We developed and implemented trainings for different clinical roles on a range of topics and varied modalities. Protocol training on screening and safety precautions for nurses, physicians, and patient care associates comprises a combination of required online training, at-the-elbow coaching, and lectures. Every patient with suicide risk should receive an evidence-based intervention, so we offer quarterly in-person basic and train-the-trainer workshops on the SPI and twice-yearly, day-long CAMS trainings for social workers and behavioral health clinicians.  


We have been implementing Zero Suicide through the existing continuous quality improvement structure, namely lean processes, and adopting a hub and spoke design. Before the go-live for each unit, we gather baseline chart review data that is mapped to the current workflow with each unit. When each unit “goes live,” we gather chart review data, conduct screening fidelity interviews with patients, and support a local team to apply Plan-Study-Do-Act cycles to move closer to the future state we’re aiming to attain.

“We have encouraged safety planning by building it into our protocols, templating the safety plan in the EHR, as well as offering regular SPI and means counseling trainings and train-the-trainer sessions.”

Implementation Data and Key Outcomes

Before we began implementation of Zero Suicide at UMMHC, we had no policy for stratifying patients who had screened positive for suicide risk. Only one of our EDs had been routinely screening all patients for suicide risk, and that ED achieved an increase in suicide risk detection from 3% to 8% of all ED visits during a previous screening implementation study.

Following a significant coordinated effort involving EHR changes, training, policy development, and lean process improvement, documented screening rates are now over 90% across all EDs, with about 4% of our patients screening positive on the PSS-3 (for those with ideation in the last two weeks or an attempt in the last six months).

  • Between October 2017 and April 2019, over 10,000 ED visits involved a positive suicide screening result: about one-quarter of these patients did not have a suicide-related presenting complaint, but most of those patients did have a psychiatric presenting complaint.
  • Only a handful of patients screened positive for an attempt in the past six months only. The vast majority of those who screened positive for an attempt in the past six months also had ideation in the past two weeks.
  • For a subset of patients we interviewed who had negative results documented for their screening, 35% reported not having been asked about ideation, and 50% reported not having been asked about attempt. This means that up to 100,000 ED visits every year may be unscreened, missing the opportunity to detect incidental risk in an estimated 3,000 patients.
  • Approximately 60% of patients with a positive screen were discharged, just over 10% were psychiatrically admitted within our system, and about 25% were medically admitted or transferred elsewhere.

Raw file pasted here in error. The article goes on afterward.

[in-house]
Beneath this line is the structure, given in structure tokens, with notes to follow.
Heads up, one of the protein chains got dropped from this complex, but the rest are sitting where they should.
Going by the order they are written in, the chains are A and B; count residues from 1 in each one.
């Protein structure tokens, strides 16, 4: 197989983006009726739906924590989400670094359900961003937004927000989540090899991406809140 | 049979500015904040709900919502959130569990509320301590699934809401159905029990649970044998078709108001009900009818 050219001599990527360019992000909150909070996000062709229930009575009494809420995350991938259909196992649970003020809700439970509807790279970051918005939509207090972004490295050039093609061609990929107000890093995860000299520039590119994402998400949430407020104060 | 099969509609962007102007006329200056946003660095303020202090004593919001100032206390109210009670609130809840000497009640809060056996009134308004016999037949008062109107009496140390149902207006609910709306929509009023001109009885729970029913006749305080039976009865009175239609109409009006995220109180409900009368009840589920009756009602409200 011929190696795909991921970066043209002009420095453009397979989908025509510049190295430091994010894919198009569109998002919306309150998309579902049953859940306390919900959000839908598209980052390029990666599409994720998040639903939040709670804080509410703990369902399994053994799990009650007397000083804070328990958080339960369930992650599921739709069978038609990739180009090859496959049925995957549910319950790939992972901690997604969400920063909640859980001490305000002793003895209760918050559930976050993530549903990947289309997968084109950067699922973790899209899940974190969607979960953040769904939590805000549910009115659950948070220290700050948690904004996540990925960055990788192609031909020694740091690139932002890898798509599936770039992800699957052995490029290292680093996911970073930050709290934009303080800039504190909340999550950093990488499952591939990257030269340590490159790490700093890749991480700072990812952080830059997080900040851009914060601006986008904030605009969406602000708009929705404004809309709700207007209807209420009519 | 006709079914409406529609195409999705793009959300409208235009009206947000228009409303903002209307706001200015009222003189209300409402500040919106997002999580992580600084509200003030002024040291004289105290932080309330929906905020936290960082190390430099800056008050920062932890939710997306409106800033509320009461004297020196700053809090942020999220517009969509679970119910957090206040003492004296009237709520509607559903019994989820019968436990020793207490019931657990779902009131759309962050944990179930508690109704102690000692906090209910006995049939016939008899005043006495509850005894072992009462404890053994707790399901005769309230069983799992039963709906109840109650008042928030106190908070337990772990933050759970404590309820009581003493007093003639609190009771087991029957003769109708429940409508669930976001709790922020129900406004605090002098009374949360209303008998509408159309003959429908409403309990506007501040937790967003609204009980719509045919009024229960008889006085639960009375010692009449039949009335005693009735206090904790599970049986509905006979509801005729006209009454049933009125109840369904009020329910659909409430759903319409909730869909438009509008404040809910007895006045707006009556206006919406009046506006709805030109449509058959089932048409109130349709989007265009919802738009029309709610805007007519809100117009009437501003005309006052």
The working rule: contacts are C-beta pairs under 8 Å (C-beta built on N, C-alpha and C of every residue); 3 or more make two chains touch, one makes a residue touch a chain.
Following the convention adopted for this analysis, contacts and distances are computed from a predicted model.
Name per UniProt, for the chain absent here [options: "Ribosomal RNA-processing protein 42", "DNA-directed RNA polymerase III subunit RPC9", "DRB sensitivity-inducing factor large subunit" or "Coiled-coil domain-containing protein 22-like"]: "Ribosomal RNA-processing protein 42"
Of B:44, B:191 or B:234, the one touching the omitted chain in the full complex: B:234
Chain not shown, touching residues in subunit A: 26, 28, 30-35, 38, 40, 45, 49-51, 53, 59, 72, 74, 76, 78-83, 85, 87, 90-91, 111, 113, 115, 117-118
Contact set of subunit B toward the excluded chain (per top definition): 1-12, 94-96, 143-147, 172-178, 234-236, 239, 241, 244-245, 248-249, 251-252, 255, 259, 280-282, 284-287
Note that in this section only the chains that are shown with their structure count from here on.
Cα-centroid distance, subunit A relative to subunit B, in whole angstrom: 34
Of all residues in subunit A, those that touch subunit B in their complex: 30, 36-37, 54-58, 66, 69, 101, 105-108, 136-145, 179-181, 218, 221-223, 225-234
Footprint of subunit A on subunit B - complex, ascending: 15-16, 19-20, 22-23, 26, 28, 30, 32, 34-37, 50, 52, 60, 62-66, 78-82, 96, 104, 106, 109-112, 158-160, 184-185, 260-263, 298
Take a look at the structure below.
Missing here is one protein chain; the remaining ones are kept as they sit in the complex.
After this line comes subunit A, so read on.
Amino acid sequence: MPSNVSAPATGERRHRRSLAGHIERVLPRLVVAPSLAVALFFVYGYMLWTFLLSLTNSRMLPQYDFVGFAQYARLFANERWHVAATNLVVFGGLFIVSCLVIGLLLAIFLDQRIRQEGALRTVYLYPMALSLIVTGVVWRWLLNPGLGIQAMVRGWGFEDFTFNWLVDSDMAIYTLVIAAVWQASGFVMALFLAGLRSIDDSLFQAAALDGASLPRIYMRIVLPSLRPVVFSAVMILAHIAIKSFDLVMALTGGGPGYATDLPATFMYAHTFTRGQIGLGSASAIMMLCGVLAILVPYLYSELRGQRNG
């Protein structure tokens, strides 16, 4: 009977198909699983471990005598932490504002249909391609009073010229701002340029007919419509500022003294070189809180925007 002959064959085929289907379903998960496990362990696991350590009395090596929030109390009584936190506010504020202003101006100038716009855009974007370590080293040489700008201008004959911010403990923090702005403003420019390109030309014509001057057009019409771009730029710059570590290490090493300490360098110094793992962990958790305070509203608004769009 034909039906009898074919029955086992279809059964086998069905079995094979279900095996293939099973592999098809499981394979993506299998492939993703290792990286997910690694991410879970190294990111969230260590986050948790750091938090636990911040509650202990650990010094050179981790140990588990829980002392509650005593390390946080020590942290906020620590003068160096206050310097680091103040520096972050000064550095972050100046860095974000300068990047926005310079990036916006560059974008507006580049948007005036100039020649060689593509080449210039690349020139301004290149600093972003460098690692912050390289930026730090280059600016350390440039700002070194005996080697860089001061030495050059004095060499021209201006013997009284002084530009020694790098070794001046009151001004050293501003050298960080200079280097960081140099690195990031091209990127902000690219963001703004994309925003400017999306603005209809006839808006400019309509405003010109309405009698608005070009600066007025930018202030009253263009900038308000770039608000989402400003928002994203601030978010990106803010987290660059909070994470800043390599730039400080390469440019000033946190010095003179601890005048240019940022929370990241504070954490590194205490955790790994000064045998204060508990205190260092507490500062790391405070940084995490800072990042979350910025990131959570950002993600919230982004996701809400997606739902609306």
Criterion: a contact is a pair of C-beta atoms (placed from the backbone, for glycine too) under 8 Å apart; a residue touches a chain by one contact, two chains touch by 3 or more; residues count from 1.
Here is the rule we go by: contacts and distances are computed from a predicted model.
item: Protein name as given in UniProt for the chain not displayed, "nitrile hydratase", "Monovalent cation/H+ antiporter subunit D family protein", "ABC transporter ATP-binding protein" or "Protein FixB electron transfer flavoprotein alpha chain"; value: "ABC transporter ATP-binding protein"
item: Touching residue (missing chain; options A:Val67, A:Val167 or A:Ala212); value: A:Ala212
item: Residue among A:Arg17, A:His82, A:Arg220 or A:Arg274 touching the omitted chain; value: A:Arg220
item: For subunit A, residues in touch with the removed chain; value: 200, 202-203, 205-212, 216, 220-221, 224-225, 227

• Only about 10% of suicide-positive patients had a safety plan documented in the chart.

In the process of implementation, we learned some valuable lessons about data collection and use. Although we were successful in integrating many suicide-related tools into the EHR, we had less success in translating this to real-time feedback and visualization to support clinicians and administrators. The way in which our research team accesses data is not as helpful for those in clinical roles because it requires data manipulation and access to a separate and unwieldy system. We strongly recommend manual data validation to ensure that the reports being pulled are correctly linked to the intended source data in the chart. We changed our EHR provider in October 2017, which brought its own opportunities and challenges, namely the chance to build new tools but the loss of our established reporting capabilities. Conducting fidelity interviews with patients showed us that just because screening is documented in the chart does not mean that it was delivered in real life, and clinicians may have been inferring a lack of risk instead of asking each screening question.

“Just because screening is documented in the chart does not mean that it was delivered in real life, and clinicians may have been inferring a lack of risk instead of asking each screening question.”

Next Steps

As our efforts progress we are gaining additional experience in what works well. Having wider system alignment and buy-in has been important and has been aided by concerns about compliance to evolving accreditation requirements. To that end, we convened a successful system wide Kaizen and accompanying work groups to transform care in the EDs and on the medical/surgical inpatient side. We hope to achieve the same with the behavioral health inpatient units and primary care, obtaining input on the current state and preferred future state from as many stakeholders as possible, as early as possible. Later in the study, we will have access to more longitudinal research-level data from the data lake (a repository of EHR data built for research and quality improvement purposes), as well as longer-term suicide outcomes in our patient population.

We have learned that it takes concerted and coordinated effort to improve fidelity to screening and risk management. Nonetheless, our high rates of documented screening and improved risk detection suggest we are headed in the right direction. We are now exploring multimedia and interactive training approaches to screening

Authorship Details

  • Celine Larkin, PhD, Co-investigator
  • Catarina Kiefe, PhD, Multi-principal Investigator
  • Edwin D. Boudreaux, PhD, Contact Principal Investigator

For more information, contact Celine Larkin: